The relationships between Helmer and Nora in A Doll’s House and Arnolphe and Agnès in School for Wives are very intricate, and exchanges of dialogue between the characters are used to emphasize the complexity of their relationships. At the beginning of the plays, the insights on the relationships are very superficial, but male dominance and the lack of love are eventually perceptible. In A Doll’s House the initial conversations between Nora and Helmer suggest a perfect life, where Nora can sweet-talk Torvald into doing anything for her. On the other hand, in School for Wives, it is clear from the beginning that Agnès’s whole life was set up according to Arnolphe, to make her the perfect wife so that Arnolphe is not cuckolded. Therefore, the use of dialogues is an important technique used to characterize the relationships the between the characters.
In A Doll’s House, the initial dialogue between Nora and Torvald in the 1st scene suggests that Nora has always been a reckless spender, while Helmer spends wisely. Male dominance is suggested when Helmer tells Nora to not disturb him. The use of a pet name also suggests that Helmer cares for Nora, and their relationship is not just of a husband and wife but there is love too.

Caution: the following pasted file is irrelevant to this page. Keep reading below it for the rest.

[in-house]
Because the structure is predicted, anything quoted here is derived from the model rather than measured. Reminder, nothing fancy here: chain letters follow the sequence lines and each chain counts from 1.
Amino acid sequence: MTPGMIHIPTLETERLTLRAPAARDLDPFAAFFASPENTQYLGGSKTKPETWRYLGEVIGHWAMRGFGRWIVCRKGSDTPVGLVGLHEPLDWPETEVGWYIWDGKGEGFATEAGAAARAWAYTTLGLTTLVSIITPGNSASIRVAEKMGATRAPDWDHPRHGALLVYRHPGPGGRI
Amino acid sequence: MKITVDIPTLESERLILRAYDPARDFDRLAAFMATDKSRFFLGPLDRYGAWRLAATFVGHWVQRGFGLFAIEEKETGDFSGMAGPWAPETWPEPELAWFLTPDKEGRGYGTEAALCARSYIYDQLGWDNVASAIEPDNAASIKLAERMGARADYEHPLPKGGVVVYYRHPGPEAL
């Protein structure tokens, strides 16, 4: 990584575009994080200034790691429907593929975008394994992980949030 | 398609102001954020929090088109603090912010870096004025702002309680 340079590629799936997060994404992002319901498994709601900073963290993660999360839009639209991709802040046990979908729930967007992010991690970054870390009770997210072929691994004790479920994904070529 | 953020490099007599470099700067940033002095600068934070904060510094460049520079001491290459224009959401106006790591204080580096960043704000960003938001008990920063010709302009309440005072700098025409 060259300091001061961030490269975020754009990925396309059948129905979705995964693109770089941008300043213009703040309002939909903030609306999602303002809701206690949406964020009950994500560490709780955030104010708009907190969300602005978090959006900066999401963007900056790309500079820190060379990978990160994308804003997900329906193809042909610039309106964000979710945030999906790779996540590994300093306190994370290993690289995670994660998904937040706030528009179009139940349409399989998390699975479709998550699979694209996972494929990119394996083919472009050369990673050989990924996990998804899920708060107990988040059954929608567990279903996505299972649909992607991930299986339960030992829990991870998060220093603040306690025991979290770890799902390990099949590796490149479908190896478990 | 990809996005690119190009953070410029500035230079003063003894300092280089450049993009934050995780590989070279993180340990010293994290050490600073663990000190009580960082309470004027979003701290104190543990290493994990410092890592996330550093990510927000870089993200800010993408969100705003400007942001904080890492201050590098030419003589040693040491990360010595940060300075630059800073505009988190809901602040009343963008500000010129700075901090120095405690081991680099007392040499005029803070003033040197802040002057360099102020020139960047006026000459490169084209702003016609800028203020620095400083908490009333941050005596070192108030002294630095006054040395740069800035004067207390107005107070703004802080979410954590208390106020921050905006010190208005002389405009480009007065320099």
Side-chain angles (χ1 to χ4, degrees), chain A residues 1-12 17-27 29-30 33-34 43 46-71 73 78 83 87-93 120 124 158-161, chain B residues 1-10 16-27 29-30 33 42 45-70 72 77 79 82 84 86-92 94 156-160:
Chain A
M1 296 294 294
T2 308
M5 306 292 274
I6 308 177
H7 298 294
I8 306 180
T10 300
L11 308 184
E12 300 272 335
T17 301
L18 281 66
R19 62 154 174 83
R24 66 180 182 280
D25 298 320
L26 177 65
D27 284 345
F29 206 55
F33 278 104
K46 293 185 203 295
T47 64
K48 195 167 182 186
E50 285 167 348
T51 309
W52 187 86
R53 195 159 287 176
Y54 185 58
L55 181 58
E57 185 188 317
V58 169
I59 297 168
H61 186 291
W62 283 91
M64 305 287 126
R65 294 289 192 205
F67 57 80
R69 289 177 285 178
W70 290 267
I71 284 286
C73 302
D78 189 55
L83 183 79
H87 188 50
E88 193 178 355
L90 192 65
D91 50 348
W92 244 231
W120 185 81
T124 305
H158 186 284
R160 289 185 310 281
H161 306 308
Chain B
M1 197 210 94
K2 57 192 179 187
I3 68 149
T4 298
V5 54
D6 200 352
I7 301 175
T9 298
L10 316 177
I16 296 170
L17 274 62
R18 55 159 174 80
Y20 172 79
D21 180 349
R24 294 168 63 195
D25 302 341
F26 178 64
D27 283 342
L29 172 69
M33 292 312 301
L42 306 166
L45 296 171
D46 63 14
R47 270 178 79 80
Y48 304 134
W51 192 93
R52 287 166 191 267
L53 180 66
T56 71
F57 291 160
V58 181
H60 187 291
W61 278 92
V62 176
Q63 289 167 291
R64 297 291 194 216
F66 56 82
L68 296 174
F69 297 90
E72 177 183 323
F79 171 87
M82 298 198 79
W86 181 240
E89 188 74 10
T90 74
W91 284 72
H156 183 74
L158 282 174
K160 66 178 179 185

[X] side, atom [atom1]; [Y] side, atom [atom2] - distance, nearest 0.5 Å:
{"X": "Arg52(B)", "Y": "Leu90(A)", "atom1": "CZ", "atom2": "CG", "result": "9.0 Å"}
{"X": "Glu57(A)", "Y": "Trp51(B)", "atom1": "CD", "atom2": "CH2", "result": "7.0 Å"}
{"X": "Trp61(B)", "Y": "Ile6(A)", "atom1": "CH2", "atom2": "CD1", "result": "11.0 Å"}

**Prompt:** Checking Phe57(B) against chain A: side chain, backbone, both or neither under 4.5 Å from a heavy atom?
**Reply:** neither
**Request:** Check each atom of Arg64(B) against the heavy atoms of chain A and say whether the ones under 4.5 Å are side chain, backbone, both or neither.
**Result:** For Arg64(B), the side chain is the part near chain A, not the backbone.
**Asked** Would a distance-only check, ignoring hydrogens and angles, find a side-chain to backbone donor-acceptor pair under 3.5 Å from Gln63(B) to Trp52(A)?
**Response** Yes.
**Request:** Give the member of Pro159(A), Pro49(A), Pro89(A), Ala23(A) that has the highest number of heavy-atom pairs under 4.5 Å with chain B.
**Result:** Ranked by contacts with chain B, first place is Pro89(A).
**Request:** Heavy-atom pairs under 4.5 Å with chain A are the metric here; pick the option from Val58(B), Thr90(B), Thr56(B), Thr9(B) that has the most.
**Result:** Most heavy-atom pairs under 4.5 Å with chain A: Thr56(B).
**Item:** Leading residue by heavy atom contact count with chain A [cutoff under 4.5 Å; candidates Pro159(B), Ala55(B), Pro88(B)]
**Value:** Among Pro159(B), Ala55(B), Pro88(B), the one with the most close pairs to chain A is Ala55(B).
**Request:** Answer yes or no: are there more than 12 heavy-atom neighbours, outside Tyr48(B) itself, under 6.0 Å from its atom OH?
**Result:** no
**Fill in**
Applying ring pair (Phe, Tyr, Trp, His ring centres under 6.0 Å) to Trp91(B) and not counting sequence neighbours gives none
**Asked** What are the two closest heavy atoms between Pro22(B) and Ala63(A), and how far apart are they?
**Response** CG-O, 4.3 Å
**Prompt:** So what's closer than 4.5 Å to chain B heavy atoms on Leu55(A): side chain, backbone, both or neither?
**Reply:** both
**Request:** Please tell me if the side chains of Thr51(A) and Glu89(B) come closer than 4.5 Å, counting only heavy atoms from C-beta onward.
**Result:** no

Additionally, the dialogue shows that Nora and Helmer think very differently, and that Helmer is the dominant partner. When Nora hides the bag of macaroons and wipes her mouth, it also foreshadows future deception.
In the opening scene in School for Wives it is seen that Arnolphe has fears of being cuckolded, for which reason he adopts a girl, Agnès, at the age of 4 and raises her to be the perfect wife, who is not dull, but not too witty either and will never betray him.
In the preliminary dialogues between Arnolphe and Agnès it is visible that she has been under Arnolphe’s control for a while. Agnès is usually busy sewing clothes, or doing some chore in the house, but cannot go beyond the boundaries of the house. The end of the...